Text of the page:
The fastest growing sector of service dogs is the use for treating Post-Traumatic Stress Disorder (PTSD) and Anxiety. Many non-profit organizations will train and supply dogs for veterans but there is a huge population who can also benefit from these dogs such as people who have suffered traumatic events in their life or others who have been emotionally abused. Some people group these under Psychiatric Service Dogs, or dogs for invisible disabilities.

There are many tasks that can be trained to mitigate specific parts of these disabilities. Here is a list. If you have other ideas, please This email address is being protected from spambots. You need JavaScript enabled to view it. so we can include them.

  • interrupt anxiety behaviors as soon as they start (such as picking, self-harm behaviors)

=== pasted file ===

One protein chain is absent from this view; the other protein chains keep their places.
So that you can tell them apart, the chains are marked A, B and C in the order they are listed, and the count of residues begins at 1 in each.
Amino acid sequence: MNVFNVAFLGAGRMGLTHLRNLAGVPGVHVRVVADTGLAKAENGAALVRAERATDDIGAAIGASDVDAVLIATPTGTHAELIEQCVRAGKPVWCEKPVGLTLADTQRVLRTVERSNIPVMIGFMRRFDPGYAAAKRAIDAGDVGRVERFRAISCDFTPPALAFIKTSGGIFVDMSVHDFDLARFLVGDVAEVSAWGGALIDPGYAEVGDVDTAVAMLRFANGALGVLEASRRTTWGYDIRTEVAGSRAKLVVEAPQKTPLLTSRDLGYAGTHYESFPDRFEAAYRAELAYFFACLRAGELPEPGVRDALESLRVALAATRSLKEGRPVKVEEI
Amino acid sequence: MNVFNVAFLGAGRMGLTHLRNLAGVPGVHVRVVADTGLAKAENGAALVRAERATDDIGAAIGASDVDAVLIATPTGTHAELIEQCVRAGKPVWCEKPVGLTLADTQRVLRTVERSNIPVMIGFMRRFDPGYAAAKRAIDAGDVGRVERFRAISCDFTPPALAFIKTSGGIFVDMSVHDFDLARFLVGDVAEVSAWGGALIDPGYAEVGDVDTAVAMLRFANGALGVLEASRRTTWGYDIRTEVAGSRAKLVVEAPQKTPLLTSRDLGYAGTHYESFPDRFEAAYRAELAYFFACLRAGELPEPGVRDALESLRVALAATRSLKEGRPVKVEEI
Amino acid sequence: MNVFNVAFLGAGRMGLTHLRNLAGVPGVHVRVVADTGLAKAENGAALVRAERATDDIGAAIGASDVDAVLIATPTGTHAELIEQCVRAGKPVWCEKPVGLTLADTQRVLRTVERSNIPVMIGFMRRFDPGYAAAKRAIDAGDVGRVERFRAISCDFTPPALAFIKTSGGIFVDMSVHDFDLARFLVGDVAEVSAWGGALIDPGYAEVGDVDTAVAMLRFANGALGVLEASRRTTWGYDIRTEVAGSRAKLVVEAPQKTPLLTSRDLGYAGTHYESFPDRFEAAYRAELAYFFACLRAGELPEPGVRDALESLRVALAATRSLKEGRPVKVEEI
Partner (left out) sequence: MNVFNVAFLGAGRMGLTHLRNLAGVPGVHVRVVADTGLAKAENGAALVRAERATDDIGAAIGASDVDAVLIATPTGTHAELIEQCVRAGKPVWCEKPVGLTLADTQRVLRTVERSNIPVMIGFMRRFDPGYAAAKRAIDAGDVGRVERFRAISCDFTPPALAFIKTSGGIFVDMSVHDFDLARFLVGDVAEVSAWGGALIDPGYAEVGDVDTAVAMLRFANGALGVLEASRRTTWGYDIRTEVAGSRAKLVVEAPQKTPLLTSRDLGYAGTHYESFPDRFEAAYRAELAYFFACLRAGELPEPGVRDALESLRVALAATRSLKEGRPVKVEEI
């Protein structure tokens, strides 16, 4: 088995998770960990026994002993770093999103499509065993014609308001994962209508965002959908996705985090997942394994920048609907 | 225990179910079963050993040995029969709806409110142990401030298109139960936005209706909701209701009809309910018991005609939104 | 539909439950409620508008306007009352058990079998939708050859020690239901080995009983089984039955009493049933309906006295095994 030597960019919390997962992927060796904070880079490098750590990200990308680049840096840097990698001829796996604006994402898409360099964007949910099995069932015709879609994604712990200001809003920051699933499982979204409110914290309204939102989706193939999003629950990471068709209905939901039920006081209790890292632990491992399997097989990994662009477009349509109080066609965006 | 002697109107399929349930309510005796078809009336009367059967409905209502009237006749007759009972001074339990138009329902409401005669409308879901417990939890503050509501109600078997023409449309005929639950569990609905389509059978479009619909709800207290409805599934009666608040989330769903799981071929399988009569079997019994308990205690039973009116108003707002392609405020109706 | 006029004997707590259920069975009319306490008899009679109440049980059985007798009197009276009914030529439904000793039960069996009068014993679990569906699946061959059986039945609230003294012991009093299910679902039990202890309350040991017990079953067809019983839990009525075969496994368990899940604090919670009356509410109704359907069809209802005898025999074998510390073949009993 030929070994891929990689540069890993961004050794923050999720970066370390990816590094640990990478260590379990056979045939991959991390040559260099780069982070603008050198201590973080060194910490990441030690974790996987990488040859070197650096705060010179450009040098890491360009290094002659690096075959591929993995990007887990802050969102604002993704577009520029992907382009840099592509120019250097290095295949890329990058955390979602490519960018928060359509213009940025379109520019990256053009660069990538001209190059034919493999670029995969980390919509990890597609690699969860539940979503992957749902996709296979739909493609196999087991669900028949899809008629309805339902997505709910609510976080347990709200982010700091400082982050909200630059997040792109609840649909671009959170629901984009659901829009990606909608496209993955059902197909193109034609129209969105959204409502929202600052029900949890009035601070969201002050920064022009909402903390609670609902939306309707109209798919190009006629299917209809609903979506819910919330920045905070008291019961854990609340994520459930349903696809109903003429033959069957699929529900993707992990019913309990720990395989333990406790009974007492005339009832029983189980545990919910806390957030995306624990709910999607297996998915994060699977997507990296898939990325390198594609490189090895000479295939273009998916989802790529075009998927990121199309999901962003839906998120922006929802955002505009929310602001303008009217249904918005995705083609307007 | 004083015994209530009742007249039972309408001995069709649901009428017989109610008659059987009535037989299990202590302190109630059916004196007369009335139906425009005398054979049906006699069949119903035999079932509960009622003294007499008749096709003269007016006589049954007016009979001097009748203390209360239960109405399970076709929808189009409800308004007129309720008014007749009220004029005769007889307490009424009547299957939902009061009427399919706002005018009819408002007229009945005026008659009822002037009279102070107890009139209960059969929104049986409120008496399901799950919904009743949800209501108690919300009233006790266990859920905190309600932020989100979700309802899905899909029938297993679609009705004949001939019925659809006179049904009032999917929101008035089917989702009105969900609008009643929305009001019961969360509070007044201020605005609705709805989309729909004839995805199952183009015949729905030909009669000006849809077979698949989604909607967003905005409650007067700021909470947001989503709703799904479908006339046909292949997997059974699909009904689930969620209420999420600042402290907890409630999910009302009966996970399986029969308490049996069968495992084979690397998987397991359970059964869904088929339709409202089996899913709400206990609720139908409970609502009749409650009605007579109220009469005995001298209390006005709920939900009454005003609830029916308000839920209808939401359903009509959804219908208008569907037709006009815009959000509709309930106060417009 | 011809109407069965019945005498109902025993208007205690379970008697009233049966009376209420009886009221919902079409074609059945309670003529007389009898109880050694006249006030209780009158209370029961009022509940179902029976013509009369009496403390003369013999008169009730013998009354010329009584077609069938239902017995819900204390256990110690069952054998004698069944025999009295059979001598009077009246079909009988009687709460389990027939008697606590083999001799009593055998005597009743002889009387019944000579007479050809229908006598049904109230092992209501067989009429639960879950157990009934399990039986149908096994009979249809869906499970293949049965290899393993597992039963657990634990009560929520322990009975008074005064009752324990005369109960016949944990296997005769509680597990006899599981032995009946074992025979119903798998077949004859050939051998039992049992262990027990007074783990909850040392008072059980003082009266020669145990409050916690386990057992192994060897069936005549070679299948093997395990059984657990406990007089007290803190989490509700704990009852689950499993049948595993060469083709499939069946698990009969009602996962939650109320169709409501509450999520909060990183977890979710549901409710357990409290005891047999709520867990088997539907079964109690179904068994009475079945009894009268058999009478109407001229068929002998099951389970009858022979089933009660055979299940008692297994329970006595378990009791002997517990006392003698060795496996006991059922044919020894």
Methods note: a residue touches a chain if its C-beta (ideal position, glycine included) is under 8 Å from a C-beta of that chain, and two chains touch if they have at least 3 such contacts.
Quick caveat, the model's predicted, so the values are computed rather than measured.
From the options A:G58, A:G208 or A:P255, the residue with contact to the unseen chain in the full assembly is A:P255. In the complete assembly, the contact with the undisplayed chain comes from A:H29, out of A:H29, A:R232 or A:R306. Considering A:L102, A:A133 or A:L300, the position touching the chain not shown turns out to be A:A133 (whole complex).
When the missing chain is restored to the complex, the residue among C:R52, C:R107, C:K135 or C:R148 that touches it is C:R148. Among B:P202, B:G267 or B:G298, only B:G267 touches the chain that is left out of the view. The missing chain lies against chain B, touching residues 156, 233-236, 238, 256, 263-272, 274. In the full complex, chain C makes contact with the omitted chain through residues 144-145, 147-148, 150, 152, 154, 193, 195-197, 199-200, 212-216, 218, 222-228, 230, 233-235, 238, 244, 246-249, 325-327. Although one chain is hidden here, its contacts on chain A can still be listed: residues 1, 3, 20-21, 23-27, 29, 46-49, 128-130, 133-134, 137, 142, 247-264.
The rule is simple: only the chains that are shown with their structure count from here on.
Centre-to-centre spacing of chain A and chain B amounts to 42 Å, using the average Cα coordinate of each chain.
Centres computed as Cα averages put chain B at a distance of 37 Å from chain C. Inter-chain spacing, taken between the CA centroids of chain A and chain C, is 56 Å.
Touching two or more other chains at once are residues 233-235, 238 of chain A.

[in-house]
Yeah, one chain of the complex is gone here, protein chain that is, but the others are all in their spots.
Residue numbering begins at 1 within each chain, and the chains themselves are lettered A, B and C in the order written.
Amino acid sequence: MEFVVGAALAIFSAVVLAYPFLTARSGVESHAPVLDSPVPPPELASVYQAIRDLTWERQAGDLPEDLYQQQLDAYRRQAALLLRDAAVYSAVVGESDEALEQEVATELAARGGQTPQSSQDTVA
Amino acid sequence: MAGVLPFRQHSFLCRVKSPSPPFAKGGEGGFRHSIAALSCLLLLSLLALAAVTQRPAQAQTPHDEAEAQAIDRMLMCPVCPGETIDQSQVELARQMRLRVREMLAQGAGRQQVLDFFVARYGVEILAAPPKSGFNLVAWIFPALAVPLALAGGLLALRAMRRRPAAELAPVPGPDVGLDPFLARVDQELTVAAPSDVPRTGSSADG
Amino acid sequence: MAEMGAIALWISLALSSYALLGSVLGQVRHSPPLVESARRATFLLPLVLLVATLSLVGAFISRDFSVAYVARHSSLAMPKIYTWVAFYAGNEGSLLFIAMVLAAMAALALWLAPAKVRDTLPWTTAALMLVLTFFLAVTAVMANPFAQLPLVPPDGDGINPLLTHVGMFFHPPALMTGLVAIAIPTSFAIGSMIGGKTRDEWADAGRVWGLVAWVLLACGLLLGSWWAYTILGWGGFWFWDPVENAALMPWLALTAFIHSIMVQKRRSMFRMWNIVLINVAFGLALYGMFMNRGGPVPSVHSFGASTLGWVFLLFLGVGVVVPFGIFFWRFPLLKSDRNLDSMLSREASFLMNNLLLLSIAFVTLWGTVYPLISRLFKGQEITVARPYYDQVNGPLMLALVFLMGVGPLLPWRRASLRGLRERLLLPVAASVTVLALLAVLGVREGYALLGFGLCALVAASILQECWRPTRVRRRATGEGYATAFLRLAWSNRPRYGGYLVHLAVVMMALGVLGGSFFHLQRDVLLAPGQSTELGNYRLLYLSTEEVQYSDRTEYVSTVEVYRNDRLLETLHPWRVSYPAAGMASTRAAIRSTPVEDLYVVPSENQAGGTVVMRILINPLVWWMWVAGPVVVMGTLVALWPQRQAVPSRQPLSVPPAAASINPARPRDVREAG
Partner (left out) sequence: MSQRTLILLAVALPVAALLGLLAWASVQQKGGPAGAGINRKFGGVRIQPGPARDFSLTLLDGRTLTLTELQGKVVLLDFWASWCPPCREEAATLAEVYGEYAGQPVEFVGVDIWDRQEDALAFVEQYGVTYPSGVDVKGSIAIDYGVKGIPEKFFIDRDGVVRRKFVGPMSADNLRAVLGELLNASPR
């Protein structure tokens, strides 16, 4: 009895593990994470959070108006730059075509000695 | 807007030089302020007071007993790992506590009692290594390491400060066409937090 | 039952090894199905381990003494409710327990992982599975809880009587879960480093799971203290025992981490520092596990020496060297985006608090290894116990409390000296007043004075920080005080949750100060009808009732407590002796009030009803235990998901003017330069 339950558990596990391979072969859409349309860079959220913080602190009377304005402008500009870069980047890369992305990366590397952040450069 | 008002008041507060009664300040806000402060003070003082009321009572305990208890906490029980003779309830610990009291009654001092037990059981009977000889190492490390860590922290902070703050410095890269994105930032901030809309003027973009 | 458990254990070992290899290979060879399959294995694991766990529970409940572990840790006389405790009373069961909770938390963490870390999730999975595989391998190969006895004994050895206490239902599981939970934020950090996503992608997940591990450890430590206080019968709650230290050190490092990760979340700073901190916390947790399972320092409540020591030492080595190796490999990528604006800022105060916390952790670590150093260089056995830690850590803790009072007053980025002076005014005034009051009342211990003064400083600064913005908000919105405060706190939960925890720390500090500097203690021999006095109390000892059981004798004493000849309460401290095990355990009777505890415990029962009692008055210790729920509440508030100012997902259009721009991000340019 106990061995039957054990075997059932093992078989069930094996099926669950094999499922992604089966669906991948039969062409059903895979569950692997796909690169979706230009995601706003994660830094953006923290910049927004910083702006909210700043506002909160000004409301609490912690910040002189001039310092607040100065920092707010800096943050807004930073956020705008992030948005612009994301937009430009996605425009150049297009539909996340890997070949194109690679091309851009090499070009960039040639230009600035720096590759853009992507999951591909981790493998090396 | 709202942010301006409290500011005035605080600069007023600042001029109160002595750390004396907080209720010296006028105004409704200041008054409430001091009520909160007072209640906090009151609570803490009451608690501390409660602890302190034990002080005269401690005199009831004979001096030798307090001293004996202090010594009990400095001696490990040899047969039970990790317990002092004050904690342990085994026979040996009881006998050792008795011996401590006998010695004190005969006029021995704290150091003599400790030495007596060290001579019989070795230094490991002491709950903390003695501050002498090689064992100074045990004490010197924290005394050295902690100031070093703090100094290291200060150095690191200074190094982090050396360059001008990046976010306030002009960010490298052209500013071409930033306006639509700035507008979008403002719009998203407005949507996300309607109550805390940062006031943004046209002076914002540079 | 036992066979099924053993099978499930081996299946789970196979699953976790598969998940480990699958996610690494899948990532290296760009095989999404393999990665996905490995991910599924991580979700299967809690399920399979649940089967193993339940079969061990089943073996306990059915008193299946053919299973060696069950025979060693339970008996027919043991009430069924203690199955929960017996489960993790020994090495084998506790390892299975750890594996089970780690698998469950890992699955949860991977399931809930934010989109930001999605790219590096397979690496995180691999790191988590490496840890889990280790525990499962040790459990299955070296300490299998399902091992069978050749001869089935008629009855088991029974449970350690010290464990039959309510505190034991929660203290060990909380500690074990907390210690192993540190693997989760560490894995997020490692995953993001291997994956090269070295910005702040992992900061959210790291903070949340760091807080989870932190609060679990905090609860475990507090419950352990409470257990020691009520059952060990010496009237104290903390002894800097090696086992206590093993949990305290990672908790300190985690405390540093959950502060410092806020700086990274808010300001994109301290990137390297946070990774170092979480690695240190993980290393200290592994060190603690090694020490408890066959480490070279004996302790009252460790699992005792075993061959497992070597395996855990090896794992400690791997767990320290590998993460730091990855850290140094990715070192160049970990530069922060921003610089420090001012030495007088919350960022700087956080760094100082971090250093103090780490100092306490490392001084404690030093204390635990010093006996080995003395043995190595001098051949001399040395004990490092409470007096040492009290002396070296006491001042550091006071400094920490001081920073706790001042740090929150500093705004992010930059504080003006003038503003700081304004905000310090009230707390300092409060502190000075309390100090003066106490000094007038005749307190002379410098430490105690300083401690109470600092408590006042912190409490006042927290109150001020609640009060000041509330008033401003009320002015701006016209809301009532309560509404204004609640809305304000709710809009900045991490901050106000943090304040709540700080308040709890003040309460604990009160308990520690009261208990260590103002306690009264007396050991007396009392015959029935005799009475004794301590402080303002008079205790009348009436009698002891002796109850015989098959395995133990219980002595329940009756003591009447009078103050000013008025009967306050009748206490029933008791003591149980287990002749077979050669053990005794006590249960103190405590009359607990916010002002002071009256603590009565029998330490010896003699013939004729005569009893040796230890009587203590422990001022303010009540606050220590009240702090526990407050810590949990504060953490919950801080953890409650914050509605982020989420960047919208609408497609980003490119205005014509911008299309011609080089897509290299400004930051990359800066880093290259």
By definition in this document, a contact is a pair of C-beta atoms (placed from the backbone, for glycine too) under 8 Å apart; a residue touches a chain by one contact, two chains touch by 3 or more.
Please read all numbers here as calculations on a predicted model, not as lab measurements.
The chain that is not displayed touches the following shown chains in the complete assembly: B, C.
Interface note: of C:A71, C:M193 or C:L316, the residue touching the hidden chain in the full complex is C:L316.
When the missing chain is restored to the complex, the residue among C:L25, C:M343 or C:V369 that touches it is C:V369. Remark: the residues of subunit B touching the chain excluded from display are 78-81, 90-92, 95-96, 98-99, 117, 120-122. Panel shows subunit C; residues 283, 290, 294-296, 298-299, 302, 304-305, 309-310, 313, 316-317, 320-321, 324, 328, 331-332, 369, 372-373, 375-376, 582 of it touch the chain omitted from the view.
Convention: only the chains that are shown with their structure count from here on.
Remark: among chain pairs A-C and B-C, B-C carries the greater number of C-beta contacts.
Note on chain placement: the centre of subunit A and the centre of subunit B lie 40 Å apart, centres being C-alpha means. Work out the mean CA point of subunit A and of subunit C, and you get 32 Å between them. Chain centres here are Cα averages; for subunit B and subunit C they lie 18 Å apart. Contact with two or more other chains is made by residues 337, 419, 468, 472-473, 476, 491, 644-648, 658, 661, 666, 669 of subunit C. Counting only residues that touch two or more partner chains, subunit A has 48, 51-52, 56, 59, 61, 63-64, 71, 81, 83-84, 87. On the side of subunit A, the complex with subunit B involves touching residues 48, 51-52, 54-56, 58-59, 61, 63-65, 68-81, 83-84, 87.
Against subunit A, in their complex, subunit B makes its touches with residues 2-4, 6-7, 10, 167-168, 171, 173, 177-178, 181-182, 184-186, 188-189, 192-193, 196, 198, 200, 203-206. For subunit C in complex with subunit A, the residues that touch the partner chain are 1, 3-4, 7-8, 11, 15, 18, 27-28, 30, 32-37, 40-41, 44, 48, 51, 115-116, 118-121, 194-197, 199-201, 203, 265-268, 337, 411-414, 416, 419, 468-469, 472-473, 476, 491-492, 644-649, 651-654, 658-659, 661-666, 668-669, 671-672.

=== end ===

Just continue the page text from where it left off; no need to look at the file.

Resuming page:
• interrupt absentee (disassociation) behaviors
  • deep pressure therapy
  • request that dog be removed from an anxiety-provoking situation
  • lead person to the exit
  • find the car
  • providing a physical block between the handler and other people (in crowds or in a waiting line for example) 
  • provide tactile support for focus/grounding or interrupt sensory overload
  • wake the handler from night terrors or to get out of bed in the morning
  • go ahead of the handler into a room turn and lights on
  • medication reminders
  • carry medication
  • get help
  • provide balance on stairs for lightheadedness
  • carry medical supplies
  • alert to smoke alarm (if the handler is sedated)
  • bring the phone when the handler is in a panicked state
  • open front door for the handler when in panic (only if there is an outside storm door)

This month, we are offering a new online class for Anxiety Alerts. Take a look!